We don’t have details yet from both sides but it looks like Deborah Rutter has made a humiliating climbdown in her bid to dismiss the orchestra during the virus crisis. The musicians are now demanding the reinstatement of sacked members of staff.
Here’s what the musicians have just told us:
The Musicians of the National Symphony Orchestra are pleased that a settlement has been reached to resolve the grievance filed by our union challenging the Kennedy Center’s decision to furlough musicians beginning this week. That action was not permitted under our collective bargaining agreement and, under the settlement, musicians will not be furloughed. In recognition of the economic impact of the COVID-19 pandemic on the Kennedy Center, however, we have agreed to modify our collective bargaining agreement to make substantial economic concessions. Our agreement also will be extended for an additional year, through the beginning of September 2024. This will provide financial stability to our musicians during this difficult time.
We are grateful to have a collective bargaining agreement and a union—the D.C. Federation of Musicians, AFM Local 161-710—to protect us. Not all Kennedy Center staff are so fortunate. We urge the Kennedy Center to bring back the Orchestra’s staff as a matter of fairness and so that our venture can flourish. We need their talents to help start new musical projects to present to our patrons and the larger world. The musicians of the National Symphony are pledging at least $50,000 of our own money over the next 10 weeks to help support our NSO staff colleagues. While it is not enough to make them whole, we hope that it helps materially as well as demonstrating our respect and admiration for them.
Throughout this process, the NSO musicians, as always, have been willing to work with management to try to find creative solutions to difficult problems.
UPDATE: Here’s the house version from Ms Rutter’s office:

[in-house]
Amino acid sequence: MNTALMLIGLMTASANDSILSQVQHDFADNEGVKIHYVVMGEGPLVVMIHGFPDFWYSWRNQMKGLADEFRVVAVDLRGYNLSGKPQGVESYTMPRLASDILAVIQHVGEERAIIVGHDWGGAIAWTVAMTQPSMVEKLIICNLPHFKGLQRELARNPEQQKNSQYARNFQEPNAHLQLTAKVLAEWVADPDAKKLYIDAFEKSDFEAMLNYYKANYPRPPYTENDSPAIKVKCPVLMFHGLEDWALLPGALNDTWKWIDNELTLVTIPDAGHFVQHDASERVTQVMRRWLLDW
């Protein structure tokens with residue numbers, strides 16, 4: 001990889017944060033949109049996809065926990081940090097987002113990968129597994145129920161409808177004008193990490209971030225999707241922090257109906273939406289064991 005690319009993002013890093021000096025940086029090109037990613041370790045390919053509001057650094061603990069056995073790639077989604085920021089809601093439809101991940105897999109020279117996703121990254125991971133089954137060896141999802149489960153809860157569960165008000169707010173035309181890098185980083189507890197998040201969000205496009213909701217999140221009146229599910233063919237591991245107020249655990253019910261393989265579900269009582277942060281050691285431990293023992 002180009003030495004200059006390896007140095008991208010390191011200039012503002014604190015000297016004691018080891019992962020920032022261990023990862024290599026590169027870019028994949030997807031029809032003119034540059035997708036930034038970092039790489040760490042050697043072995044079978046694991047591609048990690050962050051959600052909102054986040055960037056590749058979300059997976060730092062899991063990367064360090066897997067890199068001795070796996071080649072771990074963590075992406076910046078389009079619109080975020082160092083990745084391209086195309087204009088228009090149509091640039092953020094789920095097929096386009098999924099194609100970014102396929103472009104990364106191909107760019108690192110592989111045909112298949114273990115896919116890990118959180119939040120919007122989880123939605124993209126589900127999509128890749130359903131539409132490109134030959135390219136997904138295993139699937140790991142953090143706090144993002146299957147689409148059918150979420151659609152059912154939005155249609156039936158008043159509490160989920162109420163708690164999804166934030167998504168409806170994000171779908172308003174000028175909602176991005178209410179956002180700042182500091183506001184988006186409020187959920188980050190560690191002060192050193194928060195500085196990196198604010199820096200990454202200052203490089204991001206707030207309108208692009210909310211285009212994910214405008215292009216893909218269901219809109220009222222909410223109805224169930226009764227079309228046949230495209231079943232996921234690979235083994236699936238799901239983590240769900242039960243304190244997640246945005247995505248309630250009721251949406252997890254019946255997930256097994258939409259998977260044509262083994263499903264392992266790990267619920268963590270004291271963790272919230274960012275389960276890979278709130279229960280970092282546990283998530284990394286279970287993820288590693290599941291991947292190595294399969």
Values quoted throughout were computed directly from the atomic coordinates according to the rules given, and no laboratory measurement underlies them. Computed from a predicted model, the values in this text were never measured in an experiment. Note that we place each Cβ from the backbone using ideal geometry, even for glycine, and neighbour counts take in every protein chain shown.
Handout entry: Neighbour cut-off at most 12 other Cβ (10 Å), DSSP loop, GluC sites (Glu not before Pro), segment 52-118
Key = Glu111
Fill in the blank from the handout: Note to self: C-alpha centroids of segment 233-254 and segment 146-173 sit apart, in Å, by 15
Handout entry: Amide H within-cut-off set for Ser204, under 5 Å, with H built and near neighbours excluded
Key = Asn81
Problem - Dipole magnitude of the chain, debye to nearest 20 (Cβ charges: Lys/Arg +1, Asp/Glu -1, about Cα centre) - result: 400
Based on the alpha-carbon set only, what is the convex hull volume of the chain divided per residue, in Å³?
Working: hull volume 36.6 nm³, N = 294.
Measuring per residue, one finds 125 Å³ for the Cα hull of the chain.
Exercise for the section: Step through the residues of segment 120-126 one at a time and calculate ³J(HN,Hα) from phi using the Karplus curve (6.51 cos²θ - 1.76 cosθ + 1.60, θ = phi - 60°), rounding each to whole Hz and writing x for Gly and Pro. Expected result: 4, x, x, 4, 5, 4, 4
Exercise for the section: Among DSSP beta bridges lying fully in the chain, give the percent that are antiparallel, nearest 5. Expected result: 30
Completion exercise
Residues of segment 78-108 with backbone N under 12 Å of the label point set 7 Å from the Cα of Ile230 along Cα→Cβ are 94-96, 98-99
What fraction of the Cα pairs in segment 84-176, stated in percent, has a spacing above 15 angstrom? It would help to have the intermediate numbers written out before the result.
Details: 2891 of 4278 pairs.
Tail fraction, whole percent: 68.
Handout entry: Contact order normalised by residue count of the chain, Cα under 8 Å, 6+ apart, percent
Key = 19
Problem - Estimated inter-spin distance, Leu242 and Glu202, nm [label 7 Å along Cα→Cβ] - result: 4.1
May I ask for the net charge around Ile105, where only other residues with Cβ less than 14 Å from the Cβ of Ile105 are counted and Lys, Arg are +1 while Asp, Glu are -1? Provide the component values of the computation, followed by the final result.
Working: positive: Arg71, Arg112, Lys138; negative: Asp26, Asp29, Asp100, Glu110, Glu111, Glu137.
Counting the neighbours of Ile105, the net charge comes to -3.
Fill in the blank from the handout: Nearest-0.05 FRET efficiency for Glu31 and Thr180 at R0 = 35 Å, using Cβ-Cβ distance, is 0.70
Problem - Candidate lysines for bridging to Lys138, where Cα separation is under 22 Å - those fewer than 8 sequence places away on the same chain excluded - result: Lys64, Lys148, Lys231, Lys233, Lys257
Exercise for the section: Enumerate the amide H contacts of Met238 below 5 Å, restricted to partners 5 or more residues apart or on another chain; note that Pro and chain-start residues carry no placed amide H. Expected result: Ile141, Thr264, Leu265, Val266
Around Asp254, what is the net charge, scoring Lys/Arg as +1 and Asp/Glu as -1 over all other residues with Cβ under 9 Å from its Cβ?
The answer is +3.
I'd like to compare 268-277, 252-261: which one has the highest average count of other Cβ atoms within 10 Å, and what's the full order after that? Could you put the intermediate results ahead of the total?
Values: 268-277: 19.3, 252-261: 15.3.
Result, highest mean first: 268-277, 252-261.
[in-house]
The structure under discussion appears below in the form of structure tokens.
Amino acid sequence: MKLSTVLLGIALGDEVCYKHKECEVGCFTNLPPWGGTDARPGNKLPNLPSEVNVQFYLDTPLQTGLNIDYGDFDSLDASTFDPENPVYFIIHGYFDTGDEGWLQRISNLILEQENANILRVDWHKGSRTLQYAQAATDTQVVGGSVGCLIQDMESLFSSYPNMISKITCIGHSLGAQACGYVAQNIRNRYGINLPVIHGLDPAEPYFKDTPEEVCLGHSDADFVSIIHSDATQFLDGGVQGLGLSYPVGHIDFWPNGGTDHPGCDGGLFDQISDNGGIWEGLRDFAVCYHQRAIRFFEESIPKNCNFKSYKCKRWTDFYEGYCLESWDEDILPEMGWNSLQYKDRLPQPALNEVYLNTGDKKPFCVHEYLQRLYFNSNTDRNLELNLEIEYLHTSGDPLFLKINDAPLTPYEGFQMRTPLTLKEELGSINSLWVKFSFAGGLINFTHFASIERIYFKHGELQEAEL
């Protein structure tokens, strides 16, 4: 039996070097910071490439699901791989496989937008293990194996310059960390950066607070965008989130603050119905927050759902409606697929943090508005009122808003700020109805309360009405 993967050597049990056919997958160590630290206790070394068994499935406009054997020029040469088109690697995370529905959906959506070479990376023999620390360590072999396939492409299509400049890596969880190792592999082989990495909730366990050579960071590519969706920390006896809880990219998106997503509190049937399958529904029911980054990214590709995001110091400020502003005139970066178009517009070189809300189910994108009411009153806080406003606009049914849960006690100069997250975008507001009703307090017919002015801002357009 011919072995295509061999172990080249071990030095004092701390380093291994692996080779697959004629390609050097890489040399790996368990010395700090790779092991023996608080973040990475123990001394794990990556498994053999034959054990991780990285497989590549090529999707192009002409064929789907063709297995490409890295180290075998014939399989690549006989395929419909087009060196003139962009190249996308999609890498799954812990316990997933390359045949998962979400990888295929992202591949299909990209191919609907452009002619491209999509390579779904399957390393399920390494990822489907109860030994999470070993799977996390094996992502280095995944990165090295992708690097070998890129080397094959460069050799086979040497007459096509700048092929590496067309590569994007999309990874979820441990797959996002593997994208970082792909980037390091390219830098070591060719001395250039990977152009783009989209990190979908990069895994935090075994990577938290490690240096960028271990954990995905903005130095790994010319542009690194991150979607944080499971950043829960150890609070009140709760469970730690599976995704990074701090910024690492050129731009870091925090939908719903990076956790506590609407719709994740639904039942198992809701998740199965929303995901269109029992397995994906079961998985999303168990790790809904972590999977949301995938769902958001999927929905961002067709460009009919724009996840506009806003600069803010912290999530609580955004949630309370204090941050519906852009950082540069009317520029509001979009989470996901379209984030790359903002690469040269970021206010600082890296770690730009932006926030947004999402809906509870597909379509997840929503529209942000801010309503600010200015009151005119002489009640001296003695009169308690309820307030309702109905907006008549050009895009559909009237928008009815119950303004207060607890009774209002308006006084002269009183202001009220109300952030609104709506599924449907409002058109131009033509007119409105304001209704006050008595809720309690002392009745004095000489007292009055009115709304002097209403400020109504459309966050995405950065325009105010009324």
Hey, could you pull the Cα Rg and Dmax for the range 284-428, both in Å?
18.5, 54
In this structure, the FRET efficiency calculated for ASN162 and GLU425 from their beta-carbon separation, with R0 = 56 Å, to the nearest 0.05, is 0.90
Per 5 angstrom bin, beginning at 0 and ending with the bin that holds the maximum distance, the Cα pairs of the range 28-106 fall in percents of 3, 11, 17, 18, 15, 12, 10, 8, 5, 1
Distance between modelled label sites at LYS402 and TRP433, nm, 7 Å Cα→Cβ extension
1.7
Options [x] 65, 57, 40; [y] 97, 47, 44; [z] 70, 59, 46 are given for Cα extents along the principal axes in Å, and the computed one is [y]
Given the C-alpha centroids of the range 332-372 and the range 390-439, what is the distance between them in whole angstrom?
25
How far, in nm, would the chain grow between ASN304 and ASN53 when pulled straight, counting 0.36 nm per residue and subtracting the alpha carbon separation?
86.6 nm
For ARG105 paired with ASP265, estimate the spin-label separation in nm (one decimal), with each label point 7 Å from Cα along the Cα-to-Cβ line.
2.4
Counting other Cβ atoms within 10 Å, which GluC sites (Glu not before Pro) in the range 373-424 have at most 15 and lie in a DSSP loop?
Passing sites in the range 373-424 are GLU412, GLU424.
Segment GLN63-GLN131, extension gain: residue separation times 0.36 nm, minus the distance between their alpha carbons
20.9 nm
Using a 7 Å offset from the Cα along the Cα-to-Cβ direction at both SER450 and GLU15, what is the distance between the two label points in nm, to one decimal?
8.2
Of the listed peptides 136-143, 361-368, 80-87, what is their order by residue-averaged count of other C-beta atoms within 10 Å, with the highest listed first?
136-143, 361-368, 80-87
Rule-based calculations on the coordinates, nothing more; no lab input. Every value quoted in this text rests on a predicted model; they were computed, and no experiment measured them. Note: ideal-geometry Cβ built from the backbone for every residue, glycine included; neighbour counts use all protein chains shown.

After several days of collaborative discussions, Kennedy Center leadership and the musicians of the National Symphony Orchestra (NSO) have reached a new agreement, a significant step in stabilizing the institution as it faces financial challenges resulting from the global COVID-19 pandemic. The NSO musicians have agreed to a restructure of their current contract resulting in payroll savings of nearly 35% (over $2.5 million) through early September, as well as further savings realized through a wage freeze in the 2020-2021 season and delayed wage increases for the duration of the contract. Combined, these financial sacrifices total approximately $4 million and represent a substantial long-term investment in the Kennedy Center’s future. NSO musicians and NSO management have also agreed to form a joint working group to discuss alternative ways to share new and archived NSO content during the current pandemic closure.
This recent agreement with the NSO musicians, along with previously announced administrative staff furloughs and pay reductions through May 10 and critical $25 million from the CARES Act funding, are key measures in a multi-pronged plan designed to ensure the Kennedy Center will be able to re-open its doors and stages, re-employ its artistic and administrative staff, and secure the Center long into the future. The Kennedy Center has committed to covering full healthcare benefits for all its furloughed employees during this time. The Kennedy Center closed its doors on March 13 and will remain closed until at least May 10 as a result of the COVID-19 pandemic.
“This is an unprecedented time for all of us here in D.C. and around the world,” stated Kennedy Center President Deborah F. Rutter. “The severe economic effects of the COVID-19 pandemic have unfolded at an incredibly rapid pace, requiring all of us to work together and demanding the highest levels of strategic and creative thinking to solve our problems in the long-term. We are grateful to the musicians of the NSO for partnering with us and that, together, we have found a way forward.”